A couple months ago at the Mormon History Association conference in Salt Lake City, I had the privilege of meeting the prophet Frederick Neils Larson, the president of the Remnant Church of Jesus Christ of Latter Day Saints.

By way of background: in the 1970s the RLDS church began moving toward a more liberal doctrinal outlook. Starting with the ordination of women and continuing through the change of the RLDS’s church’s name to Community of Christ, conservative groups within the RLDS church began breaking away and accusing church leaders of apostasy.

These dissenting groups broke away from the RLDS church and began worshiping as independent branches of the church, known as Restoration Branches. Many of these branches participate in the Conference of Restoration Elders, a pan-congregational post-RLDS organization that provides support to Restoration Branches and leverages the shared knowledge and policy resources among the different branches.

In 1999, a group of Restoration-minded Elders, including the past chairman of the Conference of Restoration Elders, began organizing the Remnant Church of Jesus Christ of Latter Day Saints on roughly the same model that the original RLDS church had used more than a century before. In April 2000, they organized their re-embodiment of Joseph’s true organization. Frederick Neils Larsen, a descendant of Joseph Smith, received a revelation calling him to be Prophet, Seer, and Revelator. He presented this in the Remnant Church’s General Conference in April 2002, which unanimously accepted it.

The Remnant Church of Jesus Christ of Latter Day Saints accepts the relevations in the RLDS/CoC Doctrine and Covenants up through 1959. This period covers the revelations received up to RLDS President Israel Alexander Smith, but excludes those starting with Israel’s son and successor, William Wallace Smith.

Frederick Neils Larson is the great-great-grandson of Joseph Smith, along the following lines:

Joseph Smith, Jr.
Joseph Smith, III
Frederick Madison Smith
Louis Smith Larson
Frederick Niels Larson

I first read of Frederick Larson in William D. Russell’s article “The Remnant Church: An RLDS Schismatic Group Finds a Prophet in the Seed of Joseph” in the Fall 2005 issue of Dialogue (38, no 3:75-106). I was fortunate to meet William Russell at this year’s MHA conference. Russell has an energetic mind and an infectious smile, and he glows with enthusiasm for almost every topic that he discusses. William Russell told me that the prophet, Frederick Larson was at the conference, and I resolved to meet him.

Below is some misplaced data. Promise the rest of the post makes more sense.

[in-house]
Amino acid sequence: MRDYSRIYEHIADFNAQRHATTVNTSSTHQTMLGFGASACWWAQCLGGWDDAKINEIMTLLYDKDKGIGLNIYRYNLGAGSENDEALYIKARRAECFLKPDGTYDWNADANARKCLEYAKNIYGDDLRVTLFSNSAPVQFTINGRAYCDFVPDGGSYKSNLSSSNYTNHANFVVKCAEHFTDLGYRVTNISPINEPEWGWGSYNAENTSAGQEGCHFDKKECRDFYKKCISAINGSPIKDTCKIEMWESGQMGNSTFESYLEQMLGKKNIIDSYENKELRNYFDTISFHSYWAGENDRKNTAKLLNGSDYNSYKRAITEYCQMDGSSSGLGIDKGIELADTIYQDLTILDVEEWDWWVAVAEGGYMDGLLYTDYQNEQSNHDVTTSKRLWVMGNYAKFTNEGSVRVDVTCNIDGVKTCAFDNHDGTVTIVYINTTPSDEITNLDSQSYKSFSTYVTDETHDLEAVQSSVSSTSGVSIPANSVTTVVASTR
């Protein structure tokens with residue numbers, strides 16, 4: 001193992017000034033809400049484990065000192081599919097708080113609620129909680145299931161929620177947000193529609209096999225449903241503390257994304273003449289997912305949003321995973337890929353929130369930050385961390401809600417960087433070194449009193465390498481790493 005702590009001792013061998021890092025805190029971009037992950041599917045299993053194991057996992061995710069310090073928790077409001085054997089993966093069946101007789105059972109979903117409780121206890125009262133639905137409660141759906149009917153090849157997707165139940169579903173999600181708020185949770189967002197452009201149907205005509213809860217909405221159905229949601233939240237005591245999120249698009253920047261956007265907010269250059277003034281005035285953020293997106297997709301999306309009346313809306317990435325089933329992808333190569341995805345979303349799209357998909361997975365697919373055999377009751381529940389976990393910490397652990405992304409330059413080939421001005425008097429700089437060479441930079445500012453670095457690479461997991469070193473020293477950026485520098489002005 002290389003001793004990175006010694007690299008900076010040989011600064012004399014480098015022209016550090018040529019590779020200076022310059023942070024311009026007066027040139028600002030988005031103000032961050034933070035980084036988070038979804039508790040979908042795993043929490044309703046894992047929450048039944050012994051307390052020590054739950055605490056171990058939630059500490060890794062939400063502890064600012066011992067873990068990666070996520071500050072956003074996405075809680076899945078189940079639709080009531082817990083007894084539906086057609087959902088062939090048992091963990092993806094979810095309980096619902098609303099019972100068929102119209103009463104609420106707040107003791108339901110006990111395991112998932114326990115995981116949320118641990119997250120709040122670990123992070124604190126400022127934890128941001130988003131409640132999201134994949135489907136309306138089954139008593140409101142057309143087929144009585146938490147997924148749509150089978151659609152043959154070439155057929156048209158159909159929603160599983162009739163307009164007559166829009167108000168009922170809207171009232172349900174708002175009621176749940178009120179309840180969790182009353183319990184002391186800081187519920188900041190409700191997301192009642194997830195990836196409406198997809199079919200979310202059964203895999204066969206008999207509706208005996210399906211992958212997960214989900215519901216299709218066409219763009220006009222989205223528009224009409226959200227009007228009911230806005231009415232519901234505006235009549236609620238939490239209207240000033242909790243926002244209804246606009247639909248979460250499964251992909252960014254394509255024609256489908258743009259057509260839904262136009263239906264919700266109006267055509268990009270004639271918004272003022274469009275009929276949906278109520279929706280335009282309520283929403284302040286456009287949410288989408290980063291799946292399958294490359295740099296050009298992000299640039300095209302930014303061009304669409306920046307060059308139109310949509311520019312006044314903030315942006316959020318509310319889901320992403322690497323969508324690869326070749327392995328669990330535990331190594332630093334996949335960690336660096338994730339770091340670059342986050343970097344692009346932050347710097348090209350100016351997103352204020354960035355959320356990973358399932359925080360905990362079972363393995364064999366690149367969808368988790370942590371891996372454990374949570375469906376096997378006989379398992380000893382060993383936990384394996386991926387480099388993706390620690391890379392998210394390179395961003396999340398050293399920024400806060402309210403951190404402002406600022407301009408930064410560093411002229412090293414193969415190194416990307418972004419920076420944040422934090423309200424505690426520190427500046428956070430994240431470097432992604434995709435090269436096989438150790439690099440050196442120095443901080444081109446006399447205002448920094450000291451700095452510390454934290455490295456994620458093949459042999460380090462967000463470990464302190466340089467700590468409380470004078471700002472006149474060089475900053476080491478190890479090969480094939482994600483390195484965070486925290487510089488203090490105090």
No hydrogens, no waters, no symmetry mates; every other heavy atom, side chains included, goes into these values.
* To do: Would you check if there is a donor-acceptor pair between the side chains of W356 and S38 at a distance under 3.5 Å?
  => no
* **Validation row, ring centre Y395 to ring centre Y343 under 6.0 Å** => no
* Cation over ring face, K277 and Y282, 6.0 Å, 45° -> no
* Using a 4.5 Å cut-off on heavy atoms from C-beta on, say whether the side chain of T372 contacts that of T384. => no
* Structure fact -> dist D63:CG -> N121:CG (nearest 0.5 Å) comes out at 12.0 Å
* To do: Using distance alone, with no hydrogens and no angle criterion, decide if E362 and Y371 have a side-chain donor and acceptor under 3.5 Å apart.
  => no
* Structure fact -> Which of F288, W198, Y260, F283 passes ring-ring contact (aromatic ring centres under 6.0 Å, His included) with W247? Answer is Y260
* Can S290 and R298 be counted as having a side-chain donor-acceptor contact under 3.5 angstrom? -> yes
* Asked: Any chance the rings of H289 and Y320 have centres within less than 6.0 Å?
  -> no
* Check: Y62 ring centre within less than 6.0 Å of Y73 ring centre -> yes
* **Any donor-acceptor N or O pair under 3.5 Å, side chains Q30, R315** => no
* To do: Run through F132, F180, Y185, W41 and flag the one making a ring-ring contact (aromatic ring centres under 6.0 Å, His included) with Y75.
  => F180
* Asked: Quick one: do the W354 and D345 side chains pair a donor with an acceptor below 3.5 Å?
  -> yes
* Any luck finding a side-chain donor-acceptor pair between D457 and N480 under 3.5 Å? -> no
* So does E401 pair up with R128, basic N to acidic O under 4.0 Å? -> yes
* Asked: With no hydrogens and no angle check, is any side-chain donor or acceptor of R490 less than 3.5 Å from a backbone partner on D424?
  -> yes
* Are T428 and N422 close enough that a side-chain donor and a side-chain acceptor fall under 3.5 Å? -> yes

On the last day of the conference, just before lunch, I passed Frederick Larson in the hallway. I was in a hurry so that I wouldn’t be late for lunch, but I feared that if I didn’t take the opportunity to greet him at that point, I may not see him again at all. So I stopped him, introduced myself, and explained very briefly that I’d simply wanted to meet him. He responded politely and with a firm handshake. To my delight, he seemed to realize that I was interested in more than simply shaking hands, and he asked me if I wanted to talk to him further. I asked him if I could take a raincheck on that, since I was in a hurry to make it to lunch.

So I ended up catching up with him in the reception at the very end of the conference. I didn’t ask him anything on the record, so I won’t discuss the substance of our conversation here. Suffice it to say that he left me with a powerful impression, and that is what I’d like to share with you.

Frederick Niels Larson, or Fred Larson as he preferred to be called, is a humble man. We sat down together on a bench in the hotel reception room and talked, just the two of us. There is no pomp surrounding him, and there is no distance — imagine a general authority in our church asking a complete stranger if they wanted to talk further. In our conversation, I found him to be an articulate, forthright, and candid speaker as well as a perceptive listener. He has a penetrating and clear gaze.

Most of all, I was impressed with the basic strength of his faith in his prophetic mission, which he expressed as matter-of-factly as I might tell you the time of day.

In an earlier post, I commented on the grounds that we have for considering the revelations received by Stephen Veazy, the president of the Community of Christ church as genuine. I think the same goes for Fred Larson. Plus, though God is no respecter of persons, I have a belief in my heart (perhaps it’s just a superstition) that He smiles on Joseph’s descendants.

The Old Testament records the words of multiple prophets prophesying at the same time to different peoples with different needs. For some time now, our prophets have lead our church to become a force of good among the larger non-Mormon and non-Christian world, and not just among Mormons. It’s my belief that a Zion society requires boundaries large enough to include worshipers in many faiths.